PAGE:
For a start, AKG Financial Analytics’ research paper on the UK later life market, perhaps for the first time, gives us both a definition of later life lending and what it actually might be worth.
Firstly, the definition – ‘Standard, retirement interest-only (RIO) or equity release mortgages for borrowers over the age of 55 with terms that extend into, or start during, retirement’.
Now, on the face of it, many practitioners and stakeholders will say, ‘Of course that’s the definition’, but it’s not been widely agreed upon before, and there has been a tendency to look at this sector purely within the confines of equity release, even if we’re all acutely aware that the sector is much broader than this.
Introducing that definition also leads on to being able to assess its worth, and unsurprisingly, it goes way beyond the £6bn-ish of lending we might see purely in the equity release space in 2022.
AKG estimates that in 2021, £54.9bn worth of new later life lending and product switching took place, while it estimates the entire later life lending market is worth up to £153.9bn.
Later life lending is more than equity release
Why does this matter? Well, up until relatively recently we have tended to believe, as mentioned, that later life lending was simply equity release, but that due to the relatively small amounts of business being written, that it was a niche market, with a niche attraction for both advisers and providers.
Again, for us working within the space, we could see it was moving beyond that and the sector was growing strongly, but I suspect there were few of us who could put a figure on the entire market, let alone the business being achieved in any given year. And, if we could, I doubt it would be at the levels cited above.
This makes a huge difference, because it shows the significant amount of lending that has already taken place, but it also shows the potential that exists, and it generates a pathway for new entrants, both from an adviser and a provider point of view.
Ongoing education vital for later life growth
Now, of course, there are still obstacles to overcome here, and the report doesn’t shy away from highlighting those, particularly in terms of the ongoing education that is going to be required if later life lending is going to continue on this trajectory.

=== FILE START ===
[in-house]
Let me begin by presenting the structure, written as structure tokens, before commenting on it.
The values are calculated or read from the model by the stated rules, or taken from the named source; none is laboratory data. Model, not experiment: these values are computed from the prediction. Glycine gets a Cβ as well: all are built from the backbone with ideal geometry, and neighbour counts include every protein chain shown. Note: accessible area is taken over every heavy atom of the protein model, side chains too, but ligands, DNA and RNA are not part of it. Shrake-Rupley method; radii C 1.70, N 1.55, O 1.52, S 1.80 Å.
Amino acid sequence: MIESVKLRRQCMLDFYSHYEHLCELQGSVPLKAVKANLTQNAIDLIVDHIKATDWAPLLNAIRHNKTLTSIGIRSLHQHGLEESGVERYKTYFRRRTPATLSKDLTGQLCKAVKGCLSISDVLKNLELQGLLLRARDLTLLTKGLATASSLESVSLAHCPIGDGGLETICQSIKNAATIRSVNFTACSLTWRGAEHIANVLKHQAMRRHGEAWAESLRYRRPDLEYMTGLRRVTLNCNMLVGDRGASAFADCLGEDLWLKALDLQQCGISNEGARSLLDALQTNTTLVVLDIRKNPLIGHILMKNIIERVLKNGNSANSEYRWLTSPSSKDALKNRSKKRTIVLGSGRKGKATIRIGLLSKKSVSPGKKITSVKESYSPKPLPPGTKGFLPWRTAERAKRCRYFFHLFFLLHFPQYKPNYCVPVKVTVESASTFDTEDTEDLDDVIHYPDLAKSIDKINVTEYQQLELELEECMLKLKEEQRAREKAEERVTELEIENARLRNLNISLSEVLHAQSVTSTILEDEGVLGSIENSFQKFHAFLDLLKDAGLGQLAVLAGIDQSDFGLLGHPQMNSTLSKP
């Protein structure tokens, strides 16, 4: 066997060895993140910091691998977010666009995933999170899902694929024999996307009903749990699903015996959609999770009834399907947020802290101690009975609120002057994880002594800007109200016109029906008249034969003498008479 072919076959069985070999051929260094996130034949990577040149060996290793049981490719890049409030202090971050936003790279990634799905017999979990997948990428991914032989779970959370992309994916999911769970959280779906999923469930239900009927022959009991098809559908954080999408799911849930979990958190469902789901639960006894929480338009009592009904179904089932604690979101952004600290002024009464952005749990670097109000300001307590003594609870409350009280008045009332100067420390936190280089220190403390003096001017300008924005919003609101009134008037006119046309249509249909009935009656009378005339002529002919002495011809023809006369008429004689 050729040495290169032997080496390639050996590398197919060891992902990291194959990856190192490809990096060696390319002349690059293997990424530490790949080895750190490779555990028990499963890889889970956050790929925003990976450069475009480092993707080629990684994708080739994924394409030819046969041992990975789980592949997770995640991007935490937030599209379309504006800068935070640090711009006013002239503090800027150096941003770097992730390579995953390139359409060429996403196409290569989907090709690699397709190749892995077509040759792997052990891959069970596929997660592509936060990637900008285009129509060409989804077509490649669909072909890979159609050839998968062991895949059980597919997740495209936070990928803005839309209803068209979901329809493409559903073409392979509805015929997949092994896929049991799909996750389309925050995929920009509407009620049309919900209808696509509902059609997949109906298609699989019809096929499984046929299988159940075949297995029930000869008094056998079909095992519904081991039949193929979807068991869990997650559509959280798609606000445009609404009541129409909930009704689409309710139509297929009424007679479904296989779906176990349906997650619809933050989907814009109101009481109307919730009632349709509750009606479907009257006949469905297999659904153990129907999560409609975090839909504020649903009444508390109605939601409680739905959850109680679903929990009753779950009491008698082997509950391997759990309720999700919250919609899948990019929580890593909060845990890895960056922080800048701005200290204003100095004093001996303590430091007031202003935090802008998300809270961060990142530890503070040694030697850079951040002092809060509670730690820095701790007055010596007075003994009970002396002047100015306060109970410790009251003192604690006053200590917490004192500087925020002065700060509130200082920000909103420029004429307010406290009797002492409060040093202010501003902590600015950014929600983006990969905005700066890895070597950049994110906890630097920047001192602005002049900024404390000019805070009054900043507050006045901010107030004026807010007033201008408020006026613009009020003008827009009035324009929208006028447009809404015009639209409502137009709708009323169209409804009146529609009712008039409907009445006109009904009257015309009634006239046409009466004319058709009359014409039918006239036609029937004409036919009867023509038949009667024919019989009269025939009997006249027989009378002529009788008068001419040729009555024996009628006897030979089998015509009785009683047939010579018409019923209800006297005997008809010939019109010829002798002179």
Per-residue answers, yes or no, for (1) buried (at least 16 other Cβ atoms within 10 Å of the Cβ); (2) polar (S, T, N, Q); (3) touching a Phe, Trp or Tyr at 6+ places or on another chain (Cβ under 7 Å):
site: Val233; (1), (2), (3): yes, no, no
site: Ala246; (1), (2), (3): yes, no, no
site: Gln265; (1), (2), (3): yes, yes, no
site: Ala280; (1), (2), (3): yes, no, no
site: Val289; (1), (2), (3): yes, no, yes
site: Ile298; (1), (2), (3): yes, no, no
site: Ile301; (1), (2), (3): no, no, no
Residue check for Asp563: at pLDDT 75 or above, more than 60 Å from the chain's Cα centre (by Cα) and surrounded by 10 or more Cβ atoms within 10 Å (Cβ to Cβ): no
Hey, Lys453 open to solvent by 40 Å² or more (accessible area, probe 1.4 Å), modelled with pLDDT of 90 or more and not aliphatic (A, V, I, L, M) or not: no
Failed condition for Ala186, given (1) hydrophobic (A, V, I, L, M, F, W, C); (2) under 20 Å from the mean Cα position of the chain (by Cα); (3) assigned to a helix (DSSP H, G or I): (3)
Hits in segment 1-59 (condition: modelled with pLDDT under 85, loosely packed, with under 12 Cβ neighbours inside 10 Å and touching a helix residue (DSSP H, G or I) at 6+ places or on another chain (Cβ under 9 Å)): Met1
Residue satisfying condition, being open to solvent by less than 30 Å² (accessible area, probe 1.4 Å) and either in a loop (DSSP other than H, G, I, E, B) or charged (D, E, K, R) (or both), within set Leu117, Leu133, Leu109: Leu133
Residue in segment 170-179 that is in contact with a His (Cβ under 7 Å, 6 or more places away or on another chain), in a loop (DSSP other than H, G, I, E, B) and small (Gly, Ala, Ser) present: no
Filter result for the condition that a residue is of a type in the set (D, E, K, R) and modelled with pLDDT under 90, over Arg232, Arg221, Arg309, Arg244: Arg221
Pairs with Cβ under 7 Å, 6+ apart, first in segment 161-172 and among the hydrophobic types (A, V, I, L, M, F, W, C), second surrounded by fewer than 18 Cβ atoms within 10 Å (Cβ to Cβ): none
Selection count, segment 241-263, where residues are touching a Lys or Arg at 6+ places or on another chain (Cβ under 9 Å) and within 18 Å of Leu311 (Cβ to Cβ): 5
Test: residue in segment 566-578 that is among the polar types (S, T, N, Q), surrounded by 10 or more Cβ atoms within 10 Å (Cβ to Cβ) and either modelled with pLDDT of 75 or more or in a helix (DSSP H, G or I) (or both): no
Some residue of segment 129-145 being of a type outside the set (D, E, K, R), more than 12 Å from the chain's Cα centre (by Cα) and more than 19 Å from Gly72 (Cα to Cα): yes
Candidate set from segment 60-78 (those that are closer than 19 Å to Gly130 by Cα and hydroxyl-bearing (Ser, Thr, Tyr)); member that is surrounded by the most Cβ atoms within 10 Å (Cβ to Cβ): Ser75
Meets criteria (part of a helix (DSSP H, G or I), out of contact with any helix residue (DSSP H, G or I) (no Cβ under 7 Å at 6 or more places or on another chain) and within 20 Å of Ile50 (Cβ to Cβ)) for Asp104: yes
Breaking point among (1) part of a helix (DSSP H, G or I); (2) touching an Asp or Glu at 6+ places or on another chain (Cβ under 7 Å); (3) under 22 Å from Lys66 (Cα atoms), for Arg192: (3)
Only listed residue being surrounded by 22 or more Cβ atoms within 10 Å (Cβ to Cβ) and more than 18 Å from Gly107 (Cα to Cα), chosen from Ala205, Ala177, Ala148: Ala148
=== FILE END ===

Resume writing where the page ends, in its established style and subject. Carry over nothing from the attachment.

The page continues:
Those of us within the sector might think we have done a relatively good job in terms of both adviser and consumer education, but what strikes me from this report, and other research into this area, are the significant barriers that still exist when it comes to later life lending particularly around getting consumers comfortable with it.
The Equity Release Council continues to do sterling work in this area, but we know the sector comes with a large amount of historical baggage which can weigh heavily on consumers, even when it is the most suitable solution for their needs.
Standard Life Home Finance research into this area highlights the questions that are often raised around security of tenure, inheritance concerns, the expense and the complexity of the process, and of course the sector is still fighting a reputation gained over 30 years ago.
That said, we have the answers to alleviate all those concerns and the broader range of products we have now, the ways they can be used, the criteria elements that can ensure the client gets the money and the peace of mind they want, all add up to a position where these products should not be feared at all.
But, consumers are not going to know this unless we tell them. We recently held our national conference and the message that was heard time and time again around developing the sector, helping more customers, and advisers’ role within it, was about the ongoing need for education.
There can be no doubts that education will help us build on the very firm foundations we have in place and will open up the later life lending sector to far more practitioners and far more consumers who can benefit from it.